According to the New Zealand Institute of Chartered Accountants website:
An audit is an engagement:
- where an independent expert, the auditor, provides an opinion on “a matter of accountability” (the subject matter).
- where the “matter of accountability” is the responsibility of someone else (usually the management of the entity.
- which is designed to provide a high, but not absolute, level of assurance on the subject matter.
A review engagement is designed to give the reader of financial statements limited assurance on the information.
- It is an independent examination of information
- It requires enquiry and analytical procedures to assess the information
- The reviewer needs to have a level of knowledge of the organisation in order to be able to identify the events and transactions that may have a significant effect on the financial statements
- A review provides a moderate level of assurance on the subject matter.
A generation or so ago most community organisations had their accounts audited. There used to be retired accountants, bank managers and trust officers around who would do this as a community service, usually rewarded with a bottle of whisky or a dozen beers. Those days are well-past, and there is an ever-diminishing number of accountancy firms prepared to do audits, especially on a pro bono basis. The cost of auditing is now becoming a significant burden on community organisations.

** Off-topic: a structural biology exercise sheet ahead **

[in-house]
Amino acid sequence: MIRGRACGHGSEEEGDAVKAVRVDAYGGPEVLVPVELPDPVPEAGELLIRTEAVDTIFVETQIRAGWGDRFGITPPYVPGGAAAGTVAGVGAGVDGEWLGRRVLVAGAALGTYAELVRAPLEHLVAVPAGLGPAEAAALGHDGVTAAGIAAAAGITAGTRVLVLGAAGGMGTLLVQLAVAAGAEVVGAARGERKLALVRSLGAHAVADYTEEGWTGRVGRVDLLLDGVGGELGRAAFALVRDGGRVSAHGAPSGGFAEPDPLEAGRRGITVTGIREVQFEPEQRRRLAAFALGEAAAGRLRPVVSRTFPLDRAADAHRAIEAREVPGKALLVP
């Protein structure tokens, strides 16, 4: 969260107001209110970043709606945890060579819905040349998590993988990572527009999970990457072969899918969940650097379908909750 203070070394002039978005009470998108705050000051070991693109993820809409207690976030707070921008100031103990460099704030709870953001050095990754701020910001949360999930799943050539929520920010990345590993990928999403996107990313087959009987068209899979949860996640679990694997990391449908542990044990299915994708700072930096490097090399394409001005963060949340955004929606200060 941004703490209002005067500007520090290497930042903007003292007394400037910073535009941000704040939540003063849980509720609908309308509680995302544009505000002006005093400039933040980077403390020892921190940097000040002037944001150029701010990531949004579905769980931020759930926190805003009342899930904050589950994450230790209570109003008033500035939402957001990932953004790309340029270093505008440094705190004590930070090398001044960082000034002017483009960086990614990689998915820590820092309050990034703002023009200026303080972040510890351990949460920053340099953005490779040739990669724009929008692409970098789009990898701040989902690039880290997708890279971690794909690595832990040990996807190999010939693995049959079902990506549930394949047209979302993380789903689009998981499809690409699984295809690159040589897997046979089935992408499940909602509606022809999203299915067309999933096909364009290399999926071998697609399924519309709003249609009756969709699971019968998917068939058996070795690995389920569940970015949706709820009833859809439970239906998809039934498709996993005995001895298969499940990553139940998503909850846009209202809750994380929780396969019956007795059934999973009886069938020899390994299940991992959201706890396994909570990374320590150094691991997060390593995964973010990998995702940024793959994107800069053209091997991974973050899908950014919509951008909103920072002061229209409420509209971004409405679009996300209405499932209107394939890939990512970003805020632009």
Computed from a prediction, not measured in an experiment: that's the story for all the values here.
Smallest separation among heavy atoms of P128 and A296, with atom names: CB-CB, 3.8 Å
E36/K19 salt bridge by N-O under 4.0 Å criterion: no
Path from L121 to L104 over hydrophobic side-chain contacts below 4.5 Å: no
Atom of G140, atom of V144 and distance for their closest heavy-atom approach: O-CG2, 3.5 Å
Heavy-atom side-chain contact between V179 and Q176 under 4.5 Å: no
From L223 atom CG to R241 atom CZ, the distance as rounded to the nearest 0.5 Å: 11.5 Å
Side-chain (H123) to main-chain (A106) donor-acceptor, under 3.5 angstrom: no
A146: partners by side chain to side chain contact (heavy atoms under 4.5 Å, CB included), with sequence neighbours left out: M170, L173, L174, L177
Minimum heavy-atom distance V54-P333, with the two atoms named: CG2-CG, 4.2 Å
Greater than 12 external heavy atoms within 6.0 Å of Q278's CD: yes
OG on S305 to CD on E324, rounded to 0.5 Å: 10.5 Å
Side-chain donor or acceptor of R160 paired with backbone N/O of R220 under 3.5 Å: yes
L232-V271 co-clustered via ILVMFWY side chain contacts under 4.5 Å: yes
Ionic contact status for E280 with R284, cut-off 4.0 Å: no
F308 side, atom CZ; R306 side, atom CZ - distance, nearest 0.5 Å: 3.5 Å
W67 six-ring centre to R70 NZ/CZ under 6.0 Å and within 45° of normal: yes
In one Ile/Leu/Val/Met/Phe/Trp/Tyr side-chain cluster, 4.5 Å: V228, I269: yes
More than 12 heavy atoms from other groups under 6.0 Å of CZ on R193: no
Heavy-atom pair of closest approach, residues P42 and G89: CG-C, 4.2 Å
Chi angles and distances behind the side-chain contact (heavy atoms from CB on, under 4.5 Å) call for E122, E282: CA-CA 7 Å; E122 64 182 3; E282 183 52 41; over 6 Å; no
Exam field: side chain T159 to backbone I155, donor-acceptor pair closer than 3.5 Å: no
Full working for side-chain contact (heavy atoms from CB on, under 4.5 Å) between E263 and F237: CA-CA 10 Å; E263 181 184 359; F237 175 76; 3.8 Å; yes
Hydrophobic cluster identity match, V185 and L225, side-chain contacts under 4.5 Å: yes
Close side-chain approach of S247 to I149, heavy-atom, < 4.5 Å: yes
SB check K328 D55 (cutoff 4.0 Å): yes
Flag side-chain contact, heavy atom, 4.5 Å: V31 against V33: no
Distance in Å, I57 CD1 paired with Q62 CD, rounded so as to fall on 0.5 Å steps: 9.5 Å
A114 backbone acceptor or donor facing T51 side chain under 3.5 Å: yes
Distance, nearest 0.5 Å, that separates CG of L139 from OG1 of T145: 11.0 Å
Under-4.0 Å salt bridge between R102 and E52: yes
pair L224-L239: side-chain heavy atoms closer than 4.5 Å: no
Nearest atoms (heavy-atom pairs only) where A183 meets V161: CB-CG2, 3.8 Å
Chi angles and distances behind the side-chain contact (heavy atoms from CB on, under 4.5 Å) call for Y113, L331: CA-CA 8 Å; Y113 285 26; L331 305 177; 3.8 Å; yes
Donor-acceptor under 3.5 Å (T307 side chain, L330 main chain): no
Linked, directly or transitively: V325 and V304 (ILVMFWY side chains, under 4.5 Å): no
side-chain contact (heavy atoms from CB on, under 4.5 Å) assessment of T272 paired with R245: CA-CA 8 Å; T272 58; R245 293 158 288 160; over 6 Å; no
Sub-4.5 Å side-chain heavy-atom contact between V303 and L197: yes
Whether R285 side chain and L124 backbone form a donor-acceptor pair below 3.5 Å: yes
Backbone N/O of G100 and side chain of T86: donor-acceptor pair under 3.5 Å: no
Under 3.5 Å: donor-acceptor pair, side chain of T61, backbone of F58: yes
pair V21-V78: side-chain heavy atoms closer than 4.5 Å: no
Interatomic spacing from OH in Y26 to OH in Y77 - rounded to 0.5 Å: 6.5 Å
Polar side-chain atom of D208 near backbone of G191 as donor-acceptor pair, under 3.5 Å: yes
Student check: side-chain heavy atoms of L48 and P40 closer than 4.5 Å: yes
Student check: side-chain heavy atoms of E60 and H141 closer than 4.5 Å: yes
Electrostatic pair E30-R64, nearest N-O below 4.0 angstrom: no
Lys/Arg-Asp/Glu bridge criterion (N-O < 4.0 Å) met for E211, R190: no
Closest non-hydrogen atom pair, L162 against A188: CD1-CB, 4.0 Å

An experienced auditor of community organisations provided me with a snapshot of the problems involved in such audits – “sets of accounts (and rules) that are frankly hopeless,” and “in the worst example, a copy of the cash book was presented as an income statement, and also pasted in as representing the balance sheet/statement of financial position.” He noted that such organisations “can continue to submit ‘financial statements’ to the regulators, notwithstanding they are inaccessible and unintelligible to society members and the public” and “deficient in fiduciary and taxation obligations.
”In consequence, it has been suggested to me that the New Zealand Institute of Chartered Accountants actively discourages its members from providing audit services to not-for-profit entities where reasonable accounting standards and practices are not followed.
What is and is not required?